EFA Secretary General at “Dialogues” of Granada Festival: “Active citizenship needed”

30 June 2010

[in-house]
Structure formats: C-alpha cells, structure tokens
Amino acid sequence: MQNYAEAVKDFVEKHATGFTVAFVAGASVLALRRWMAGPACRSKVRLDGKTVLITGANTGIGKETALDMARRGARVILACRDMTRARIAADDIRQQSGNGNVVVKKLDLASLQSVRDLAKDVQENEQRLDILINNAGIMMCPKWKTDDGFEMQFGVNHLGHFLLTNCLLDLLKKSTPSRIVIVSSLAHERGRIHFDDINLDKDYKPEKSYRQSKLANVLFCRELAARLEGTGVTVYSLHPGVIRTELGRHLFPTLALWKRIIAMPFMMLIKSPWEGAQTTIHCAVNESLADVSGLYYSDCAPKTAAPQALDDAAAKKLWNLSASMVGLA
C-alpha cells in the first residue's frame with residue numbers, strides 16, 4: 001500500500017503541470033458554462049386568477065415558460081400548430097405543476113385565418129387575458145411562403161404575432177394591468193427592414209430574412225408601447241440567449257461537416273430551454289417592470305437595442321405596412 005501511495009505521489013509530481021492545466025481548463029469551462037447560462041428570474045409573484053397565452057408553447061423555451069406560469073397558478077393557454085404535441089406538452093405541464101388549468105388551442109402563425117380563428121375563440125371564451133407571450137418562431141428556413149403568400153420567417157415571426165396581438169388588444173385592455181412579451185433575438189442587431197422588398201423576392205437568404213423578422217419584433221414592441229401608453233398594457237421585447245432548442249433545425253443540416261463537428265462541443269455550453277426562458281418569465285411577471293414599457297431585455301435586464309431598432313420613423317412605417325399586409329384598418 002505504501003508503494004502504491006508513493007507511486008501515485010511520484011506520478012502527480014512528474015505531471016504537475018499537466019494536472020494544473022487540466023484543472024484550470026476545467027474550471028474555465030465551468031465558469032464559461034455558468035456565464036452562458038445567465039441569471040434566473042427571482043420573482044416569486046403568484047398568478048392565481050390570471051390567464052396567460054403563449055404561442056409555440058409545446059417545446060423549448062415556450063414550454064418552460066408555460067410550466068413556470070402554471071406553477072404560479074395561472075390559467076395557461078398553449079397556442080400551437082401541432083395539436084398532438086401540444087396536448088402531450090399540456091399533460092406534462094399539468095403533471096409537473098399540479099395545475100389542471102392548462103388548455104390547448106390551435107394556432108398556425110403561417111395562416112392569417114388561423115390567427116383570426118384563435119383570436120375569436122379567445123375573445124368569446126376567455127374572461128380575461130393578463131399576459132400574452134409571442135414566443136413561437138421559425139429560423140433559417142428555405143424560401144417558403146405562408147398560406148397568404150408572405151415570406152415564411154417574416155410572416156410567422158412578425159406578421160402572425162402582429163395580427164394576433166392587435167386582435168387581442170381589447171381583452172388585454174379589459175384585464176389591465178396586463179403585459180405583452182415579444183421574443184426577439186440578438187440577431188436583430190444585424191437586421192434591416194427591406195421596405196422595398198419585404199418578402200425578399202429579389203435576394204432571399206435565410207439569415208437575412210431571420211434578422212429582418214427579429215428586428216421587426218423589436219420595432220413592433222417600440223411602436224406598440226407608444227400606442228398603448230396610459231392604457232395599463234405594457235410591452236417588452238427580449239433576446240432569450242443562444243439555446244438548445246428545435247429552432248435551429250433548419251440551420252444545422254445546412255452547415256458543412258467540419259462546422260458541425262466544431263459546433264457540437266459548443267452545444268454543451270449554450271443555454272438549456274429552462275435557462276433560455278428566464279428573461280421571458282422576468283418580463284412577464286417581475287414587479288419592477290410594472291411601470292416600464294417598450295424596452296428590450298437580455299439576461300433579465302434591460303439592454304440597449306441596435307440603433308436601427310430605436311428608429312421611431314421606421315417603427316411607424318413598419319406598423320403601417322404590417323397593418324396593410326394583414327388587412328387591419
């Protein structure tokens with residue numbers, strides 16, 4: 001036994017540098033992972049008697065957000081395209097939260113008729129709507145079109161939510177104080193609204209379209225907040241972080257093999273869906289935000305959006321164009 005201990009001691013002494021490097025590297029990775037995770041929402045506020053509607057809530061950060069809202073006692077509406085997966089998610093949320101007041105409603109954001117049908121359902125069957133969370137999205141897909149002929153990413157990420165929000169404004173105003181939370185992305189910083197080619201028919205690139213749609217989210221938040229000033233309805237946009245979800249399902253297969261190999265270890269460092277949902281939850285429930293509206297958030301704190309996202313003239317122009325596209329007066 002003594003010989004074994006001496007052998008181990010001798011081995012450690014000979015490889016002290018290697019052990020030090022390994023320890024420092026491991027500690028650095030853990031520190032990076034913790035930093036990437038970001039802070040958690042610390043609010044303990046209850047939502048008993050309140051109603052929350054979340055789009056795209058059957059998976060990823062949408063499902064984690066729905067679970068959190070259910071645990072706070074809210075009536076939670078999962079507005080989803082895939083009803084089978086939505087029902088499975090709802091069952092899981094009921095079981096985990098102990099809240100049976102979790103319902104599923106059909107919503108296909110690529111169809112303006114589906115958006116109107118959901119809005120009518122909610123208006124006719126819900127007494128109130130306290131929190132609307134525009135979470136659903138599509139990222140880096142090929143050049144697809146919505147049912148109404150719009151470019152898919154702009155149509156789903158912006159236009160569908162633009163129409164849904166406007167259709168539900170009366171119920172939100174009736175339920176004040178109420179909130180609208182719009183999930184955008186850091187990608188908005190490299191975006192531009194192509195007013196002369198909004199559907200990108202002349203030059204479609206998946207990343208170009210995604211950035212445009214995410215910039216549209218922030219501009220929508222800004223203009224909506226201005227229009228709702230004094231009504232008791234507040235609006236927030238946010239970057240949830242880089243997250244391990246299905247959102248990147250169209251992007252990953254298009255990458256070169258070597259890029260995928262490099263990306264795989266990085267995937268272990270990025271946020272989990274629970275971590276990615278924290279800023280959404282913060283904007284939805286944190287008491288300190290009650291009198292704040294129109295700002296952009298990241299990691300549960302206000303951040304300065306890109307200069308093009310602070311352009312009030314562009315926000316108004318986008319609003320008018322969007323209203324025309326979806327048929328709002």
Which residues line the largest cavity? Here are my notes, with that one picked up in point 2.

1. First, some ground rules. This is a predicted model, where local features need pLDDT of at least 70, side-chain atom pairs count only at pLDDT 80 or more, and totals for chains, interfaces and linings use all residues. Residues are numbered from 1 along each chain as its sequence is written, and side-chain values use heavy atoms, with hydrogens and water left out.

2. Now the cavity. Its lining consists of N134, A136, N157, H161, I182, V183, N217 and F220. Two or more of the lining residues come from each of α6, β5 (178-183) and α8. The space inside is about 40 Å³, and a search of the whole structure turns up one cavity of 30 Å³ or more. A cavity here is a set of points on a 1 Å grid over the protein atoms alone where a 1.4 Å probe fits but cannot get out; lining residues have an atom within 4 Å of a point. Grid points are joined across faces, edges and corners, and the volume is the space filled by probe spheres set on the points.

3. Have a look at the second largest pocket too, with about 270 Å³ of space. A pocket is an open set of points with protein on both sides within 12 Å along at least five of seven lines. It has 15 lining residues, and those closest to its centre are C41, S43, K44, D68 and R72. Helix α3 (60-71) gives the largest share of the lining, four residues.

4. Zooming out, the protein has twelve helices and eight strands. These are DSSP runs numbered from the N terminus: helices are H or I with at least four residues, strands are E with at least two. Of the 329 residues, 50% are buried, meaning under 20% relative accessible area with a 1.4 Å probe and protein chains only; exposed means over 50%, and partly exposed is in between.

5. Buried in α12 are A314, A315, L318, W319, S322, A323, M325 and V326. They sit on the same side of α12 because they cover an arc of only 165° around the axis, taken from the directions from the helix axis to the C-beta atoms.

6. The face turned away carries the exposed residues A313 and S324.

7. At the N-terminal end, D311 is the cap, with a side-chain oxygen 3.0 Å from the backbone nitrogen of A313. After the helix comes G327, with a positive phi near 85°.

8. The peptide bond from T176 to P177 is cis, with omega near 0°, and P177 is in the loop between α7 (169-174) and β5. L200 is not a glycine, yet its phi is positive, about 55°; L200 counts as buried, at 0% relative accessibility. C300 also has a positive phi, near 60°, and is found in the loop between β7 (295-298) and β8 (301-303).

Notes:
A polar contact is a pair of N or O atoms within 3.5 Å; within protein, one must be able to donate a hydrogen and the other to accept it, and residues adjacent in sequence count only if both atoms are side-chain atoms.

On 25 June 2010, Kathrin Deventer, Secretary General of the European Festivals Association (EFA), participated in a discussion round entitled “Diálogos”, an initiative of the Festival Internacional de Música y Danza de Granada. The third edition of the 2010 series focused on “Cultural Institutions: vehicles for understanding, cooperation and progress.” Next to Kathrin Deventer, speakers included Jaime Manuel del Arenal Fenochio, Director of the Institute of Mexico in Spain and Cultural Attaché of the Embassy of Mexico in Spain, and Immaculada Tomás Vert, Managing Director of Instituto Valenciano de la Musica. The discussion round was moderated by Enrique Gámez, Director Festival Internacional de Música y Danza de Granada. The role of cultural institutions in transforming societies was addressed from different levels: festivals, cultural networks such as the European Festivals Association at European level or the Mexican cultural institute on a bi-lateral level. All participants agreed that cultural institutions play a key role in terms of enhancing understanding and progress in societies. To take on responsibility as individuals – being artists, practitioners, politicians, press etc. – for shaping societies is a crucial aspect of the work of cultural institutions. In particular in a European framework where “Europe is a maximum diversity in a minimum of living space,” as Milan Kundera once wrote, a high competence in understanding diversity is required from the citizens . The UNESCO Convention on the Protection and Promotion of the Diversity of Cultural Expressions gives the legal frame. A common understanding of participation in the European project based on the diversity of cultures, an approach towards realities marked by migration and multicultural pluralism is needed. Arts can be a cross-border tool in this context. As a matter of confirmation, Kathrin Deventer highlighted different values of arts (referring to the speech of Mike van Graan, Arterial Network, in the framework of an international seminar on “Culture and Development” in Girona, 4-5 May 2010): 1. their own right to contribute to personal development; 2. their social value contributing to social cohesion, education etc.; and 3. their economic value generating economic income. “Starting from the acceptance of these values and the individual rights to access the arts – as laid down in many documents, treaties, declarations – a model of citizenship can be developed. Cultural institutions have the task to live, implement and advocate for the implementation of this right leading to the development of citizenship,” stressed Mrs Deventer. Jaime Manuel del Arenal Fenochio underlined that the development of this citizenship model and the definition of human rights is too often approached from a Eurocentric angle. Paternalistic and sometimes nationalistic, or Eurocentric, policies and in particular the external dimension of EU policies need a thorough re-thinking in particular vis-à-vis third countries. The role of cultural institutions in this framework can be to create an understanding of cultures and of values. The aim is to increase intercultural competences in individual citizens on a global level and to bring this to the attention of decision makers in Europe and other parts of the world. To influence the political agenda-setting process – and not just put up with its implementing programmes, funding schemes and rules – is an important task for cultural institutions and in particular networks. Concluding, all participants agreed that arts and artists can play an important role in transforming societies if they are given the right conditions and if politicians recognise their values: increasing access to arts means increasing access to artistic processes, to creation and to participation, to allow artists to dare, to risk, to fail. At the occasion of the European Year for Combating Poverty and Social Exclusion the Granada festival dedicates its 2010 “Diálogos” series to the Year’s objectives and incorporates the aims of EFA flagship project “Open The Door”. In eight editions the 2010 Granada Dialogues explore the role of culture as an instrument of social inclusion and transformation. Speakers include both national and European participants, including artists, politicians, cultural operators, academics and journalists. They focus on topics such as social inclusion, intercultural dialogue, education, social responsibility; each time the role of the arts in the different contexts is explored. The “Dialogue” was live-streamed to more than 200 followers and received broad coverage in the press. It is a veritable demonstration of in-depth reflection on themes and issues at stake in Europe – this year the role of arts and artists as well as cultural organisations in the transformation of societies. The approach is also reflected in the programmation and thinking of the Festival Internacional de Música y Danza de Granada. In particular the involvement of representatives from outside the EU in this framework – artists, operators and others from Mozambique, Cambodia, Mexico, Venezuela etc. – enriches this reflection enormously. (Report by Kathrin Deventer, EFA Secretary General, June 2010)